By Eddy Price
"Eddy, you have to wake up, it's 4:15 a.m. and you told Jim Moran you would meet him at 4:30 in Aptos to drive him to a bike race at Lost Hills... remember" my wife shouted in my ear very early Saturday morning as I lay in a deep sleep. It took a few seconds for my brain to process what she had said.
Then I remembered, Jim Moran, my good friend, personal training client and new member of our club-team and I were driving to the Lost Hills Road Race near Bakersfield. Our race started at 9:00 am, it was a three-hour drive, so we had to leave Aptos at 4:30 a.m. to get there by 7:30 a.m. and I had promised to drive Jim in my truck.
I hate early mornings. Normally I wake up between 8:00 and 8:30 am and I stay in bed until I can't keep my eyes closed anymore, which might be up to 45 minutes, or around 9:15 a.m., but 12 to 15 times a year I awake very early in the morning, long before the sun rises, to drive several hours to compete in a bike race in some distant part of Northern California.
My alarm, set for 3:30 a.m. either hadn't gone off or I had slept right through it, but within ten minutes I had dressed, gulped down a cup of coffee, made one cup for the road, inhaled a bowl of oatmeal, packed my cycling clothes, and loaded the truck, arriving only four minutes late in Aptos where Jim and I had arranged to meet.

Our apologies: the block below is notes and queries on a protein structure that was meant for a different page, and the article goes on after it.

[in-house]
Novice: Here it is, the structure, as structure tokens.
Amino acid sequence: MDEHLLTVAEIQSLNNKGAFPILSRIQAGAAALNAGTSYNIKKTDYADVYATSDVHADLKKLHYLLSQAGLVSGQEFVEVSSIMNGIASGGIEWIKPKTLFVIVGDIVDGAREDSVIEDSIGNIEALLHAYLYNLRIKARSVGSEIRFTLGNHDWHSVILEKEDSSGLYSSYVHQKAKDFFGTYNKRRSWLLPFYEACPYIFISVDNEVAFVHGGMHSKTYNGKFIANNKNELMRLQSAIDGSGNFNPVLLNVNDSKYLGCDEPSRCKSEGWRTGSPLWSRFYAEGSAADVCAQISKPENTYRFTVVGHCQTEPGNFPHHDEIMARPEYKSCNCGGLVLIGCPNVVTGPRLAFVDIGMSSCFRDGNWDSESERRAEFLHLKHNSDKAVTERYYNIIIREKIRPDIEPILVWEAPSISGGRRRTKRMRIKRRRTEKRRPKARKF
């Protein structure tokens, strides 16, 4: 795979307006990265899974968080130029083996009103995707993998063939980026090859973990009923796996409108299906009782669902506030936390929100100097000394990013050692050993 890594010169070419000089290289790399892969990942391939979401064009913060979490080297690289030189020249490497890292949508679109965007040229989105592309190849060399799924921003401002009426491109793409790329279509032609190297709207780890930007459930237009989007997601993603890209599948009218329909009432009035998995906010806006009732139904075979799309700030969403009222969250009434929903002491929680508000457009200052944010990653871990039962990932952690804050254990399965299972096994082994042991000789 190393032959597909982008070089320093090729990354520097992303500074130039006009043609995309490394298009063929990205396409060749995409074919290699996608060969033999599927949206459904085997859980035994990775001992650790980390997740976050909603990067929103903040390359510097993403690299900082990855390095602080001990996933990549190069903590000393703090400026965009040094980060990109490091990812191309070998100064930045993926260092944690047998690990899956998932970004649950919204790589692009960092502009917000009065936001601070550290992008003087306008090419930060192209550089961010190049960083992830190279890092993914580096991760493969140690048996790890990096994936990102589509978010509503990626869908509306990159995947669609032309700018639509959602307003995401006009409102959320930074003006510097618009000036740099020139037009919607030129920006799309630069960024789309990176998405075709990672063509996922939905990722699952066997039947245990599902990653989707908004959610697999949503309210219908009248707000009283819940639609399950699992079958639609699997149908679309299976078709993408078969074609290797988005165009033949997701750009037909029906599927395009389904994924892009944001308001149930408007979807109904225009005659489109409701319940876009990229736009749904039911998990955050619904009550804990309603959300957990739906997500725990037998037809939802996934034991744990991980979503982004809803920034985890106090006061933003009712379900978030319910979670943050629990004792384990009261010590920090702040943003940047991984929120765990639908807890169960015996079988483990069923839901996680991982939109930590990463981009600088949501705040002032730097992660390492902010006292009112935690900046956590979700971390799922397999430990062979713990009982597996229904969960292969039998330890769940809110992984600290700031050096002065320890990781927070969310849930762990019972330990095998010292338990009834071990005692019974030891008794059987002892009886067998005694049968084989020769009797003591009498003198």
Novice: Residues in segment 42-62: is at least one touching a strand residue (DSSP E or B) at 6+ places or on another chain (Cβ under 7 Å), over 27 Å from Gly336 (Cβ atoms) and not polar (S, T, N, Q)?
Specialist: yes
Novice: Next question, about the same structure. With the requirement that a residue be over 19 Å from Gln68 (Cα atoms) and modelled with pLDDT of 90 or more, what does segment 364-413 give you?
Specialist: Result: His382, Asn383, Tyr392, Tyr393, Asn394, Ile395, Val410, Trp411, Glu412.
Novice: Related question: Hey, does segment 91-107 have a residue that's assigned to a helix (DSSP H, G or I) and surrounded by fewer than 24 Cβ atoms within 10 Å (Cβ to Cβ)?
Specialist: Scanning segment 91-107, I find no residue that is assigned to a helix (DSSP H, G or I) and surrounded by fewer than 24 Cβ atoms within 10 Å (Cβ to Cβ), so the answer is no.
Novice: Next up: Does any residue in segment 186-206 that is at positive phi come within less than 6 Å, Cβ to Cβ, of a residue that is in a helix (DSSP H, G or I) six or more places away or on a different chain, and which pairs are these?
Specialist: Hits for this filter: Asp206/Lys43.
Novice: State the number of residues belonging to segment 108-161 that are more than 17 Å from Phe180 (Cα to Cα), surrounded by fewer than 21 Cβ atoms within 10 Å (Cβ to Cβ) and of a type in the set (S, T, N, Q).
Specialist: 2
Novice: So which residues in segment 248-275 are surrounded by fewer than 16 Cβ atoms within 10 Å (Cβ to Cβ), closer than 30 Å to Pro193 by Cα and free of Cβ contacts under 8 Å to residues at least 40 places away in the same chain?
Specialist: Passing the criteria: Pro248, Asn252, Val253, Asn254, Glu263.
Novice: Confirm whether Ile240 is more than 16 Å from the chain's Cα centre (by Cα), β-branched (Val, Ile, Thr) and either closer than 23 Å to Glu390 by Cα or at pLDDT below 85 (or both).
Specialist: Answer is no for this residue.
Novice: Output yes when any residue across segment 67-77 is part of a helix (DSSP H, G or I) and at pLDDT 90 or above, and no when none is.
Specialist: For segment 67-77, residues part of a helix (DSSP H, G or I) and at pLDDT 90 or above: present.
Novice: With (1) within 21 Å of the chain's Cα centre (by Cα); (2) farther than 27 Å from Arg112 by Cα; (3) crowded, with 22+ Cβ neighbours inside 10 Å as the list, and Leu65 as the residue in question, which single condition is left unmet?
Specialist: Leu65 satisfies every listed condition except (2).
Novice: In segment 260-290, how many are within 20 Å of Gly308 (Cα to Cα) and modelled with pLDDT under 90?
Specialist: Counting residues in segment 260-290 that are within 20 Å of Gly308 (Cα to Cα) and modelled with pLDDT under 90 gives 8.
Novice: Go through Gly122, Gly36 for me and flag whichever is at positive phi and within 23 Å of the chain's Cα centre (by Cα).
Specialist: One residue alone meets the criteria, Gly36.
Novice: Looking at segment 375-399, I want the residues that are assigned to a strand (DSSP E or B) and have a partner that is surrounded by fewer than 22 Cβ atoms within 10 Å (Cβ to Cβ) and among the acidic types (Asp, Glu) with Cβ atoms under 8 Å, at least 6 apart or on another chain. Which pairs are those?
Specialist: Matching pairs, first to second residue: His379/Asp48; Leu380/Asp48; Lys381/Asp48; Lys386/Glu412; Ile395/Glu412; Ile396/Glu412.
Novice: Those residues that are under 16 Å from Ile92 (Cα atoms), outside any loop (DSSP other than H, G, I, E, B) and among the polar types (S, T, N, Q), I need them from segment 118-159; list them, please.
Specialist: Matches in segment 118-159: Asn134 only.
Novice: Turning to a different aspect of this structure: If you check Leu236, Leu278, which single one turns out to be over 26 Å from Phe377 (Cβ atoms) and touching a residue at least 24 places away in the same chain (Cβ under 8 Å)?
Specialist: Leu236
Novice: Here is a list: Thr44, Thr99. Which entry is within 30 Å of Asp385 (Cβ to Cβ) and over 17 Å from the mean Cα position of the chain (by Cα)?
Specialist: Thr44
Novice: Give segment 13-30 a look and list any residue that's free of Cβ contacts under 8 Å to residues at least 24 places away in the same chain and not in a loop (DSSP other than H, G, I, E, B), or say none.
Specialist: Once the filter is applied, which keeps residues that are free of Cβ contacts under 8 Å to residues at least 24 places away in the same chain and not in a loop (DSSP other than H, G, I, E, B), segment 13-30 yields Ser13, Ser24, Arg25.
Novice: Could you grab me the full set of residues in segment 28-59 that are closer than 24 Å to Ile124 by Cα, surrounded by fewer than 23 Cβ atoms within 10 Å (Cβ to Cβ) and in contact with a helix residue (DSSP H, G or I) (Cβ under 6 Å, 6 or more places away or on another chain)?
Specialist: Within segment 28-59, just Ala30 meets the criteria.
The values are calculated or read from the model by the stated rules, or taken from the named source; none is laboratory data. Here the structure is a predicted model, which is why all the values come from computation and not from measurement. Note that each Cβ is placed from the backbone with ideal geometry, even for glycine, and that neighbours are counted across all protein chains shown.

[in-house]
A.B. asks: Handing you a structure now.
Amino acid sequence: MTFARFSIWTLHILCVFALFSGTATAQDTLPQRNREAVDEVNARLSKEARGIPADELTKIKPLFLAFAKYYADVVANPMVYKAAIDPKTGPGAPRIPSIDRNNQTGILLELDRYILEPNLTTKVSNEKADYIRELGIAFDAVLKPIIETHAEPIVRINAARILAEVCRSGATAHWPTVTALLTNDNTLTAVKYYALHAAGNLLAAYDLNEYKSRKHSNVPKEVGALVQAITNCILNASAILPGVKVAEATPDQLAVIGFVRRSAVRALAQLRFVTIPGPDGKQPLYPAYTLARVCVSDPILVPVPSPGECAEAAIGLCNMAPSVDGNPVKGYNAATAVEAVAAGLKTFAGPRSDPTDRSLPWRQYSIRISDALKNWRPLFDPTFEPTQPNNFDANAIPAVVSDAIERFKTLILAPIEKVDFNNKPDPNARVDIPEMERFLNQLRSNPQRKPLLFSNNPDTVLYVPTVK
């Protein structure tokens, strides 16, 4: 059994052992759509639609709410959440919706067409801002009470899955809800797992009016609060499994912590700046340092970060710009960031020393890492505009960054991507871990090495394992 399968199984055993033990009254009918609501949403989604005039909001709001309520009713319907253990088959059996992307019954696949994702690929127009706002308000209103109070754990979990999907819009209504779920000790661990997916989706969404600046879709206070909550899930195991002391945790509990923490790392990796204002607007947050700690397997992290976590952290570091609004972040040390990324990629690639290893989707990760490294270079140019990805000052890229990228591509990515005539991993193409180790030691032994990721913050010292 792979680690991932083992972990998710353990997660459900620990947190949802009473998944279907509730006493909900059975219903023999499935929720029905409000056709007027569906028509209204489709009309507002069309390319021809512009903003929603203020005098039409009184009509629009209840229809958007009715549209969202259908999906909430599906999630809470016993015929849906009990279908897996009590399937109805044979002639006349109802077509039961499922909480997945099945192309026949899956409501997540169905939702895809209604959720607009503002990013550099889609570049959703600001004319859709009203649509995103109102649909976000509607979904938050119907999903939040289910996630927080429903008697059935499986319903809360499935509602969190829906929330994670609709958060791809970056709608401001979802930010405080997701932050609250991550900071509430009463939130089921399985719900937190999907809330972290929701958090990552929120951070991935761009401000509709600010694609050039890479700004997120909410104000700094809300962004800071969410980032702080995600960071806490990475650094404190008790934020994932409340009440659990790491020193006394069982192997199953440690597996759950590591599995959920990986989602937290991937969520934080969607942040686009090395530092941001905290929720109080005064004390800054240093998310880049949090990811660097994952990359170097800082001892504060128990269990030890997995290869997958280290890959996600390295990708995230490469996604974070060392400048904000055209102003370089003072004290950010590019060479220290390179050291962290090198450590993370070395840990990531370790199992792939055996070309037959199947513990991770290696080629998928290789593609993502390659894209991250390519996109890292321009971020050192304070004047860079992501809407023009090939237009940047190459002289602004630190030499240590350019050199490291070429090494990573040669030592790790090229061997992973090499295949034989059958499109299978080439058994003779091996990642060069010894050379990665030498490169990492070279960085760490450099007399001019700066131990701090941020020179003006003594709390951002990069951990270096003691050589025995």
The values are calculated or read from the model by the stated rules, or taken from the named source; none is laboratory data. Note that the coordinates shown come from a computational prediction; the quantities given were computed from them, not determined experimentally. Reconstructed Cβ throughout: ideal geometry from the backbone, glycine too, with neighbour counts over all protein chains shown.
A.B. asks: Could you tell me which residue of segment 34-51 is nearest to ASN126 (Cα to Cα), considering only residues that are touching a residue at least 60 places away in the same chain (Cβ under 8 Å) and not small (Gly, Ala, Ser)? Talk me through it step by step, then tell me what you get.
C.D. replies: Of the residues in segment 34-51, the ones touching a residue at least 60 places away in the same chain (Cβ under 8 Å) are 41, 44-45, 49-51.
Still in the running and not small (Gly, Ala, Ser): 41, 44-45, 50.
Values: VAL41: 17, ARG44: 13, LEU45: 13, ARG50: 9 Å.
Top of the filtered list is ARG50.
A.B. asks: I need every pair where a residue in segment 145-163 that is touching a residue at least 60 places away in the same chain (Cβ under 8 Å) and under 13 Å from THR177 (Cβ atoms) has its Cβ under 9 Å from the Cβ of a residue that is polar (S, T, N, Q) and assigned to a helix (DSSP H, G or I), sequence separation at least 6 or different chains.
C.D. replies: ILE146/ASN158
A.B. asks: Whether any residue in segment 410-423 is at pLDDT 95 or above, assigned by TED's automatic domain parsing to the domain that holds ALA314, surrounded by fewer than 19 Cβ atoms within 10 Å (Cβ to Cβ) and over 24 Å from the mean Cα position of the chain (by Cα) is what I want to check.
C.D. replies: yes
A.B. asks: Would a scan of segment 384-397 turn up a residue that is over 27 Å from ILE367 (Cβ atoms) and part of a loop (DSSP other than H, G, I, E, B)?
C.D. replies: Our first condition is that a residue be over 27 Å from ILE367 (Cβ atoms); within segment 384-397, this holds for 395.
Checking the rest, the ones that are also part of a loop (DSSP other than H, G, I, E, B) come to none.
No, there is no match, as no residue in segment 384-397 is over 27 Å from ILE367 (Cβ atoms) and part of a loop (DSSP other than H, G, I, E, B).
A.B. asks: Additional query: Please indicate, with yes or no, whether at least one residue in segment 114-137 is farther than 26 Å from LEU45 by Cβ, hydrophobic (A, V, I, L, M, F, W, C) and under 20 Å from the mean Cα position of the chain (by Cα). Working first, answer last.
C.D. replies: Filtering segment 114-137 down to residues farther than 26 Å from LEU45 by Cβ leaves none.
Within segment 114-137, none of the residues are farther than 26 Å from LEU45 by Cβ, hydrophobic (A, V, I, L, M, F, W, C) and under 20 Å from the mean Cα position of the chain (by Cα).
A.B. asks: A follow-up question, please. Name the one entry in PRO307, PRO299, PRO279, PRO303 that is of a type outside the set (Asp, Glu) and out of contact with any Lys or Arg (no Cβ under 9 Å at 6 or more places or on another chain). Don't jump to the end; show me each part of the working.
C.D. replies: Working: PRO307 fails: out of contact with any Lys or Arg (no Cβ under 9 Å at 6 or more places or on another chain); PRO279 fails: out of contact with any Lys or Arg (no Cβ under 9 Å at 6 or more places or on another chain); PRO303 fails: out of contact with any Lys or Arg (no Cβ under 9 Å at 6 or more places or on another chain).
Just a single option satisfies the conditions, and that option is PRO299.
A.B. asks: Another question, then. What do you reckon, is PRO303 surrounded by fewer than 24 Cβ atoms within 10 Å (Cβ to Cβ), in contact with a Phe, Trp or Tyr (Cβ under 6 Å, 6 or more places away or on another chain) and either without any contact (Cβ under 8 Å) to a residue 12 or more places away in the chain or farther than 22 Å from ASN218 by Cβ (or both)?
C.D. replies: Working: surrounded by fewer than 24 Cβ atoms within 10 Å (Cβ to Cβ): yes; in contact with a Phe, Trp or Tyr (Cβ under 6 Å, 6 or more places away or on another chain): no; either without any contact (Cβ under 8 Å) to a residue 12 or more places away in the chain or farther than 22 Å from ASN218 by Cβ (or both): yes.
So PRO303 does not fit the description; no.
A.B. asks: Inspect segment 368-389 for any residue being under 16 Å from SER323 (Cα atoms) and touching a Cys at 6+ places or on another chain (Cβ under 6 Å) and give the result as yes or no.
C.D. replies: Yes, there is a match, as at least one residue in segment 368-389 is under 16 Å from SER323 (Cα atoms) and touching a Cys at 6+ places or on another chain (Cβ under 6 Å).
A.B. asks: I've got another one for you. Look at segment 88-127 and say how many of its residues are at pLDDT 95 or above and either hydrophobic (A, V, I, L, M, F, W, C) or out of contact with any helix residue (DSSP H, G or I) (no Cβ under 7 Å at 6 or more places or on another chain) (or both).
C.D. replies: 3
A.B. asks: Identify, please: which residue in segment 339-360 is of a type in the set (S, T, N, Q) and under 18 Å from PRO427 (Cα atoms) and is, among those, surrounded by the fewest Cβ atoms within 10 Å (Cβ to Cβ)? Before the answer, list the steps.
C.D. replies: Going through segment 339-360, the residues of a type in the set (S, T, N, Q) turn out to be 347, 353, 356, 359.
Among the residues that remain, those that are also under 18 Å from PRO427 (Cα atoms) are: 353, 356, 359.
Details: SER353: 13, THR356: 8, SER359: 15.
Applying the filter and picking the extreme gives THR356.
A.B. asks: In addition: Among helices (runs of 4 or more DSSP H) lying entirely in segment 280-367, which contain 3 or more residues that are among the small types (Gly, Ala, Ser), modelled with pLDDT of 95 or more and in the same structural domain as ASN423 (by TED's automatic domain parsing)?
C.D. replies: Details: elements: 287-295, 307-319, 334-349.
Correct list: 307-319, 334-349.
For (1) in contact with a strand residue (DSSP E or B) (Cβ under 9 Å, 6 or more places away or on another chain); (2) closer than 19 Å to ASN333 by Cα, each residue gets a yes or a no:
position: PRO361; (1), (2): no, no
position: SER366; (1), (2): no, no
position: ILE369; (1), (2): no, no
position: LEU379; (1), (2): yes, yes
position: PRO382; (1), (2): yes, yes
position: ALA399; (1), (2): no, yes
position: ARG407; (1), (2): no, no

This was to be Jim Morans first road race and I had been on the lookout for flat road races as a gentle introduction to the sport. I didn't want Jim's first experience to be next week's race at Copperopolis, where the road is flat and smooth for only 50 yards before the route turns left, enters the "pave" and tackles an eleven hundred foot climb.
Jim called me three years ago to start a weight-training program, spotting my name on our team's website and finding my phone number in the yellow pages under my personal training ad. Jim was turning 60 soon and wanted to get in better shape, so his birthday present to himself was six months of personal training sessions with me at my studio in Aptos. We progressed from the gym to weekly training sessions on the bike and last year Jim took the plunge, reading everything he could on training (Chris Carmichael's book was our Bible), watching everything he could find about cycling on YouTube, purchasing a new Cervelo bicycle, competing in the Swanton Time Trial Series and, the final step every male takes towards being a competitive cyclist, shaving his legs.
We arrived at Lost Hills at 7:35 a.m. There was no rain, but it was very windy. Because of the low turnout, they combined the 45+ Cat 4, 45+ Cat 5, Women, and Open Cat 5 together, which amounted to about 30 riders total. The course was a four-corner, 27-mile rectangle around the oil fields of Lost Hills on dead flat roads with very long uninterrupted stretches, as far as you could see, and a four-mile section of dirt road directly into a 30 mile per hour headwind thrown in for good measure.